Apple and Google may face changes in their app store regulations as the Australian Competition and Consumer Commission (ACCC) has proposed new rules that would enable app developers to charge for in-app purchases without sharing a portion of their revenue with the app store. So what’s happening?
Curbing anticompetitive behaviour
According to Gina Cass-Gottlieb, the Chair of ACCC, the measures are meant to stop anticompetitive behaviours on the app stores, as per The Guardian.
The proposed changes are expected to be part of the government’s response to the ACCC’s consultation from December last year. Within this consultation, the ACCC put forward a proposal for a compulsory code of conduct targeted at specific digital platforms, namely Google and Apple.
The primary objective of this code is to tackle issues concerning anti-competitive behaviours. These include self-preferencing, unfair business practices, and hindrances to interoperability and consumer freedom in choosing alternative services.
It’s a bit of a deja vu moment to 2020 when Apple and Google removed Fortnite from their app stores because the game maker attempted to bypass the mandatory in-app purchasing systems that allow the tech giants to claim up to a 30% share of sales.
Legal proceedings in that case aren’t expected until 2024 in Australia. And the government, meanwhile, is likely to move forward with implementing its new rules.
Changes are needed and coming
Australia is by no means the only country challenging the dominance of the app stores. In India, Google is encountering resistance to its revised commission structure, according to Reuters.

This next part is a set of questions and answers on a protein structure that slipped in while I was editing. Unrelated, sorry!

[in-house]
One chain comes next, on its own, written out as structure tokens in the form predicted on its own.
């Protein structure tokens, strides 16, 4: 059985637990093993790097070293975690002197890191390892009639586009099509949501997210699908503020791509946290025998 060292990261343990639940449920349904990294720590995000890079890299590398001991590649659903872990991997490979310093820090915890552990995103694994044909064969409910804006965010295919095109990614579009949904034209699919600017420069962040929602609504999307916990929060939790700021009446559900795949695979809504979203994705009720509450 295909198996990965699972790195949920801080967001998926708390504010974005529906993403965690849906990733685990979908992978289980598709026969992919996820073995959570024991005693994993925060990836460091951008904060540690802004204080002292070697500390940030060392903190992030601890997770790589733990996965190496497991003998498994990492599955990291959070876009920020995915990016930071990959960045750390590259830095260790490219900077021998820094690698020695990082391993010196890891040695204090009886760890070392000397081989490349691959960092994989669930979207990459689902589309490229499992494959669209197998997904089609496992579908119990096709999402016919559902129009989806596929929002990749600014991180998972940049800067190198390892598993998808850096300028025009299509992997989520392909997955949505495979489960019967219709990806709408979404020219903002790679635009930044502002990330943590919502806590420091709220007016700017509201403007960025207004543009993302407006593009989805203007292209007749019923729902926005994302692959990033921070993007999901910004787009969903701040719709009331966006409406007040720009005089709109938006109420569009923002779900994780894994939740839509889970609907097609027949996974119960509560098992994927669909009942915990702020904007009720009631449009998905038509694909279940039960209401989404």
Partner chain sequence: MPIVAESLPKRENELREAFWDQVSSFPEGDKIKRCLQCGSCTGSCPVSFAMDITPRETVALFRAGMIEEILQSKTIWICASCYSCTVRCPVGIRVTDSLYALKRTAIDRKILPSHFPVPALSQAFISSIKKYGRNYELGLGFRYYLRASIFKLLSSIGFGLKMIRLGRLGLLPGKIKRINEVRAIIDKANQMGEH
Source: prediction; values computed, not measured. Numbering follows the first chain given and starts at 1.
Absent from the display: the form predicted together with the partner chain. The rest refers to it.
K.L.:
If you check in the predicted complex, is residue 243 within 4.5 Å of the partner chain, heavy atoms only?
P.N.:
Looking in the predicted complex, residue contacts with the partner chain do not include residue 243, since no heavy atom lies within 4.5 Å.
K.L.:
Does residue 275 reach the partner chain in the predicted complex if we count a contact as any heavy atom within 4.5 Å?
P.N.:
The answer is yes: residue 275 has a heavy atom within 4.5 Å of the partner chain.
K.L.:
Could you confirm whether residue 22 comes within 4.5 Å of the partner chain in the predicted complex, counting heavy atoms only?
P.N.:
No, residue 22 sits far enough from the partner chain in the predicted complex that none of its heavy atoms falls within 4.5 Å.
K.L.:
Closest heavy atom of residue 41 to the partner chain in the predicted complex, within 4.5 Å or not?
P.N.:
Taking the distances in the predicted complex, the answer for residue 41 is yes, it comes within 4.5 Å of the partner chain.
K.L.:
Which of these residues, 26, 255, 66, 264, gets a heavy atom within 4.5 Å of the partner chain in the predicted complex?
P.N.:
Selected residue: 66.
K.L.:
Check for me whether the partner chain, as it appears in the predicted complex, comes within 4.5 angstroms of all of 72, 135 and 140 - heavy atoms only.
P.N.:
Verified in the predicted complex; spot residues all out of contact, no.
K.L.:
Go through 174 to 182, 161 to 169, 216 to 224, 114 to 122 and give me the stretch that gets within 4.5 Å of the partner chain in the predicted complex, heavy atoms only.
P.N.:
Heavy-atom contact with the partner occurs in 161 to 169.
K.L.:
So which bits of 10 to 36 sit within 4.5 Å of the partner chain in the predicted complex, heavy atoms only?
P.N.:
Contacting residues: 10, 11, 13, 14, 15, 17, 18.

The tech giant’s policy of imposing a service fee ranging from 11% to 26% on in-app payments has been challenged in court by Disney. Google implemented this fee structure as a result of an antitrust directive, which compelled the company to permit third-party payments. However, critics argue that this new service fee arrangement is merely a continuation of the same issue.
There are minimal competitive restraints on the digital platform services provided by Apple and Google. As a result, mobile app developers have limited or no viable alternatives for distributing their apps. This lack of competition allows Apple and Google to impose fees and terms unilaterally. This means developers face a “take it or leave it” scenario when it comes to distributing their apps on these platforms.
Recently, a court in India ruled in favour of Disney, directing Google to lower its service fee to 4%. This applied specifically to Disney’s streaming service, Disney+ Hotstar. Despite the fee reduction, the court also emphasised that Google must ensure the continued availability of the Disney+ Hotstar app on the Play Store.
The legal decision showcases the growing scrutiny and pushback against the commission practices of major tech companies operating in India.
- ACCC aims for fairer app store fees by proposing changes to empower developers
- India legally challenges Google’s commission structure, sparking resistance
- Antitrust measures tackle app store dominance and promote competition for developers